During the long rule of the Achaemenids, the elite positions in many segments of the empire including the central government, the army, and the many satrapies were specifically reserved for Iranians and to a major degree Persian noblemen. The latter were in many cases additionally connected through marriage alliances with the royal Achaemenid family. This created a problem for Alexander as to whether he had to make use of the various segments and people that had given the empire its solidity and unity for a lengthy period of time. Pierre Briant explains that Alexander realized that it was insufficient to merely exploit the internal contradictions within the imperial system as in Asia Minor, Babylonia or Egypt; he also had to (re)create a central government with or without the support of the Iranians. As early as 334 BC he demonstrated awareness of this, when he challenged incumbent King Darius III "by appropriating the main elements of the Achaemenid monarchy's ideology, particularly the theme of the king who protects the lands and the peasants". Alexander wrote a letter in 332 BC to Darius III, wherein he argued that he was worthier than Darius "to succeed to the Achaemenid throne". However, Alexander's eventual decision to burn the Achaemenid palace at Persepolis in conjunction with the major rejection and opposition of the "entire Persian people" made it impracticable for him to pose himself as Darius' legitimate successor. Against Bessus (Artaxerxes V) however, Briant adds, Alexander reasserted "his claim to legitimacy as the avenger of Darius III".
A plot against his life was revealed, and one of his officers, Philotas, was executed for failing to alert Alexander. The death of the son necessitated the death of the father, and thus Parmenion, who had been charged with guarding the treasury at Ecbatana, was assassinated at Alexander's command, to prevent attempts at vengeance. Most infamously, Alexander personally killed the man who had saved his life at Granicus, Cleitus the Black, during a violent drunken altercation at Maracanda (modern day Samarkand in Uzbekistan), in which Cleitus accused Alexander of several judgmental mistakes and most especially, of having forgotten the Macedonian ways in favour of a corrupt oriental lifestyle.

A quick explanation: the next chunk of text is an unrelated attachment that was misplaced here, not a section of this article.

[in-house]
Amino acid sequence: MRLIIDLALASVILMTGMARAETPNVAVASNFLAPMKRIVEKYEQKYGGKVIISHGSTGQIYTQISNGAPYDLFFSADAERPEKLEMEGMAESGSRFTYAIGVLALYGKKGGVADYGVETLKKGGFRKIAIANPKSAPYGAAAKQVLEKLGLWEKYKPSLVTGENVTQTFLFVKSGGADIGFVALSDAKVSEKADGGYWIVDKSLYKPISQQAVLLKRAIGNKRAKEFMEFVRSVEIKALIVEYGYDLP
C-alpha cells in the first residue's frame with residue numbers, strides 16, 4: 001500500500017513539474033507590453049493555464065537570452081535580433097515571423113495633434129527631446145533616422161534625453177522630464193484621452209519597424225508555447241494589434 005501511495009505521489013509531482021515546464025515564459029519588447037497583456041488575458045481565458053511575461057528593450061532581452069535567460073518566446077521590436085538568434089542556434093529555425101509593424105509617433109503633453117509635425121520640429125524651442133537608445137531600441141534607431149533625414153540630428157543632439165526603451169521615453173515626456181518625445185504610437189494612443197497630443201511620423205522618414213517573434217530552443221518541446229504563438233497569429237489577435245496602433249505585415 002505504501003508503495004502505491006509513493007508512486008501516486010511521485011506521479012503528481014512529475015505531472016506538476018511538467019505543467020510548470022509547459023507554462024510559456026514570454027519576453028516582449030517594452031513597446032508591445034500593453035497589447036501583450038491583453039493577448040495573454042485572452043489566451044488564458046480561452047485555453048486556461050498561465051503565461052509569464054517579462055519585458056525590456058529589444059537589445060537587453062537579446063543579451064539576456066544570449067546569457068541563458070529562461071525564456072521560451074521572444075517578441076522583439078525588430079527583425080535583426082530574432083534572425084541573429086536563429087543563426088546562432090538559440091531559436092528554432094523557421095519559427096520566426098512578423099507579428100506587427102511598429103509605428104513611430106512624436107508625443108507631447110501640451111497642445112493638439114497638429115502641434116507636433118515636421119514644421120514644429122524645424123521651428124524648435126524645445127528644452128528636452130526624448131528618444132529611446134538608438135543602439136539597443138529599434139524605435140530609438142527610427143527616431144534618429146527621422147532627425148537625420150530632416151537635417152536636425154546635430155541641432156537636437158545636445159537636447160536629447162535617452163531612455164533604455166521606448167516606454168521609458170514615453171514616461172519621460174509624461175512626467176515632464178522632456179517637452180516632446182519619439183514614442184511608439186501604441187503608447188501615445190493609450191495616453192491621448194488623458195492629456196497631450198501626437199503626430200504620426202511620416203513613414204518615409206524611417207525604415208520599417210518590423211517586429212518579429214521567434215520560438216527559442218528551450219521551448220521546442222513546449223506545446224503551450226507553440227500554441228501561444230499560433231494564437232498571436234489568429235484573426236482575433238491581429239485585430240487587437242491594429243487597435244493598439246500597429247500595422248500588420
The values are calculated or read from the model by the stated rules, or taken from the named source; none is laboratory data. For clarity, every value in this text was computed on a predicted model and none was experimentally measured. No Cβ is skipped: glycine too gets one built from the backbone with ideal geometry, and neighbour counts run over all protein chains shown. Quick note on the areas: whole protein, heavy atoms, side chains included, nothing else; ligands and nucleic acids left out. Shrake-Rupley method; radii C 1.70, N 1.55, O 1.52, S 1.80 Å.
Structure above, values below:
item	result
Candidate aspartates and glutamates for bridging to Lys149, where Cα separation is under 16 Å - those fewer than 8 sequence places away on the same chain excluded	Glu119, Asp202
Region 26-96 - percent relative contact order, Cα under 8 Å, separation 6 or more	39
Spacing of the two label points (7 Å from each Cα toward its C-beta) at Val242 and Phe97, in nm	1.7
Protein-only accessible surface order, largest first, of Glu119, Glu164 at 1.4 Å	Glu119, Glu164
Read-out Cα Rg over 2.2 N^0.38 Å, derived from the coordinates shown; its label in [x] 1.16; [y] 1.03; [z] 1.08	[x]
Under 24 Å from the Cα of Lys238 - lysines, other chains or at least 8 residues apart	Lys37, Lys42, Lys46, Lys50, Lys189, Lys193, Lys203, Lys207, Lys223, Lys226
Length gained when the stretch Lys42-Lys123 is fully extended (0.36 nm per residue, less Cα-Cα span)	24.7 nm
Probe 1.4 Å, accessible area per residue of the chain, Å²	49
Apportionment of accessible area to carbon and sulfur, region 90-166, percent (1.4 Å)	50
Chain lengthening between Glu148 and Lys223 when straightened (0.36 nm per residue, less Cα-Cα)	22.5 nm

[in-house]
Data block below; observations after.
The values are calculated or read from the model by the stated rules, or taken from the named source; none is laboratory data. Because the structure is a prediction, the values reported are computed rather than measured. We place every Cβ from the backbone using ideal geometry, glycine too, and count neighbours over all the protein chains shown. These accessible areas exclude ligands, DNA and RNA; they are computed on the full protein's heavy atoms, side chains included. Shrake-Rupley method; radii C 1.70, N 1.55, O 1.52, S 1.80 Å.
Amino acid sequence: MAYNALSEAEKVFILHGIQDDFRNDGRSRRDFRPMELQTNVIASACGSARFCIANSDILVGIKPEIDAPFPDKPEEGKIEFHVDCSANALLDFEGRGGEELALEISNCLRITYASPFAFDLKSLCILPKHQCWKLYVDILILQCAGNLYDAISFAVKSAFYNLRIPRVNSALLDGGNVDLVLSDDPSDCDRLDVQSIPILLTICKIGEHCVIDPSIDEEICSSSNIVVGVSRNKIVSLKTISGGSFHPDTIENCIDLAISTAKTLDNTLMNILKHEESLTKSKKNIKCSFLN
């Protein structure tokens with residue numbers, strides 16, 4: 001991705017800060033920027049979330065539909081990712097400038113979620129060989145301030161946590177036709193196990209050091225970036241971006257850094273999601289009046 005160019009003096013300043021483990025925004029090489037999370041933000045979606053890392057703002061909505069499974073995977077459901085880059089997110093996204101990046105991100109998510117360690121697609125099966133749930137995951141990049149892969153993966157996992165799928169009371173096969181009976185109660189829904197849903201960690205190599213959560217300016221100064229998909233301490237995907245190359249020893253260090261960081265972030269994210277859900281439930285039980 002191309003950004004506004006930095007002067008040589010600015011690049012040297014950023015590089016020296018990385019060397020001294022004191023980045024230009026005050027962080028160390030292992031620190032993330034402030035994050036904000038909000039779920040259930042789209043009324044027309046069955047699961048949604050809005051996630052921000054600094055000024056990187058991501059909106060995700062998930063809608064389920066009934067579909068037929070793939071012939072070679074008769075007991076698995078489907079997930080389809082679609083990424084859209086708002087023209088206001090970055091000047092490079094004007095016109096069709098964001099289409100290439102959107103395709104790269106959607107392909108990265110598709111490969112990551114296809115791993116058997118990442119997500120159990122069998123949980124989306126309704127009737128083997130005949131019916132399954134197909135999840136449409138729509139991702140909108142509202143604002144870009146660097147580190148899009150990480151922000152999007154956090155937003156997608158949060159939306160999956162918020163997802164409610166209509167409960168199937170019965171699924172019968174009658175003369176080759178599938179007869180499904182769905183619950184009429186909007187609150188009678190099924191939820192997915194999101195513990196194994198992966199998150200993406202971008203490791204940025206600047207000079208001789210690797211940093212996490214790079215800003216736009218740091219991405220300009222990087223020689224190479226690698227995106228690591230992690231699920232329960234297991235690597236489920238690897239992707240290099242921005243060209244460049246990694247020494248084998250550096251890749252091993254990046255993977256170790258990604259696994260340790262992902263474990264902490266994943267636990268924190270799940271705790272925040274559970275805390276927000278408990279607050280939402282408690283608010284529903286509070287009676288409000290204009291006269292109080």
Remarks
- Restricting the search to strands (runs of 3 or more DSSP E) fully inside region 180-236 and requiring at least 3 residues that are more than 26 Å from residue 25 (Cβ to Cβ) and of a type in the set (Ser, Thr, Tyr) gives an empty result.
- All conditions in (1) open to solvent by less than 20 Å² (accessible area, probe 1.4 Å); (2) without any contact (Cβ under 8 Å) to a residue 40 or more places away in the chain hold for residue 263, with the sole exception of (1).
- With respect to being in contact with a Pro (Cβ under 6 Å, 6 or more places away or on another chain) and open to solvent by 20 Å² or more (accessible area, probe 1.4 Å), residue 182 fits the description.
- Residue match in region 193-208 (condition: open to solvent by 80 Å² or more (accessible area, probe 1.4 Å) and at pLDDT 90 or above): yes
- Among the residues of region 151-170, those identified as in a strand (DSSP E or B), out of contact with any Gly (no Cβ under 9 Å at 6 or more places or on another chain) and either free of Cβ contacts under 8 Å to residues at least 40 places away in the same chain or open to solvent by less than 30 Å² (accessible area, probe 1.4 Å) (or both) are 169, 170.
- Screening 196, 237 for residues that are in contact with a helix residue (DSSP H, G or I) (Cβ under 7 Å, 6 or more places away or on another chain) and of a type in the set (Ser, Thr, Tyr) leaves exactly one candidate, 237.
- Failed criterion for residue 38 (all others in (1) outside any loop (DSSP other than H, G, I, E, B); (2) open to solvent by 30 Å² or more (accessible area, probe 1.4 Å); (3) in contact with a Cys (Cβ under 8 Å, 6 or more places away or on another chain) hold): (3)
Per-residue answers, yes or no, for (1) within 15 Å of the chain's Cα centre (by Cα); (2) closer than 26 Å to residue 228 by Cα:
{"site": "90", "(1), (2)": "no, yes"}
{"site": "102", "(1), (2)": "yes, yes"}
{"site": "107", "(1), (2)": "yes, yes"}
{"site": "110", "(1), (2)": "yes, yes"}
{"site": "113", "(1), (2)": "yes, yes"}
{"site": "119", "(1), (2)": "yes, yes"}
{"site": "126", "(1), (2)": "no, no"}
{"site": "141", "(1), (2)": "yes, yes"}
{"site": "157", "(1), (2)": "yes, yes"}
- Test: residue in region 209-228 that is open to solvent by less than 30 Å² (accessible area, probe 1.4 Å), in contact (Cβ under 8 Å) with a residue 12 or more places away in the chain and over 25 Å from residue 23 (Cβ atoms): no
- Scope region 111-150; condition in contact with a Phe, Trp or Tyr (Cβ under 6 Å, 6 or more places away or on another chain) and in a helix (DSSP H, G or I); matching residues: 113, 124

Later, in the Central Asian campaign, a second plot against his life was revealed, this one instigated by his own royal pages. His official historian, Callisthenes of Olynthus, was implicated in the plot, and in the Anabasis of Alexander, Arrian states that Callisthenes and the pages were then tortured on the rack as punishment, and likely died soon after. It remains unclear if Callisthenes was actually involved in the plot, for prior to his accusation he had fallen out of favour by leading the opposition to the attempt to introduce proskynesis.
Macedon in Alexander's absence
When Alexander set out for Asia, he left his general Antipater, an experienced military and political leader and part of Philip II's "Old Guard", in charge of Macedon. Alexander's sacking of Thebes ensured that Greece remained quiet during his absence. The one exception was a call to arms by Spartan king Agis III in 331 BC, whom Antipater defeated and killed in the battle of Megalopolis. Antipater referred the Spartans' punishment to the League of Corinth, which then deferred to Alexander, who chose to pardon them. There was also considerable friction between Antipater and Olympias, and each complained to Alexander about the other.
In general, Greece enjoyed a period of peace and prosperity during Alexander's campaign in Asia. Alexander sent back vast sums from his conquest, which stimulated the economy and increased trade across his empire. However, Alexander's constant demands for troops and the migration of Macedonians throughout his empire depleted Macedon's strength, greatly weakening it in the years after Alexander, and ultimately led to its subjugation by Rome after the Third Macedonian War (171–168 BC).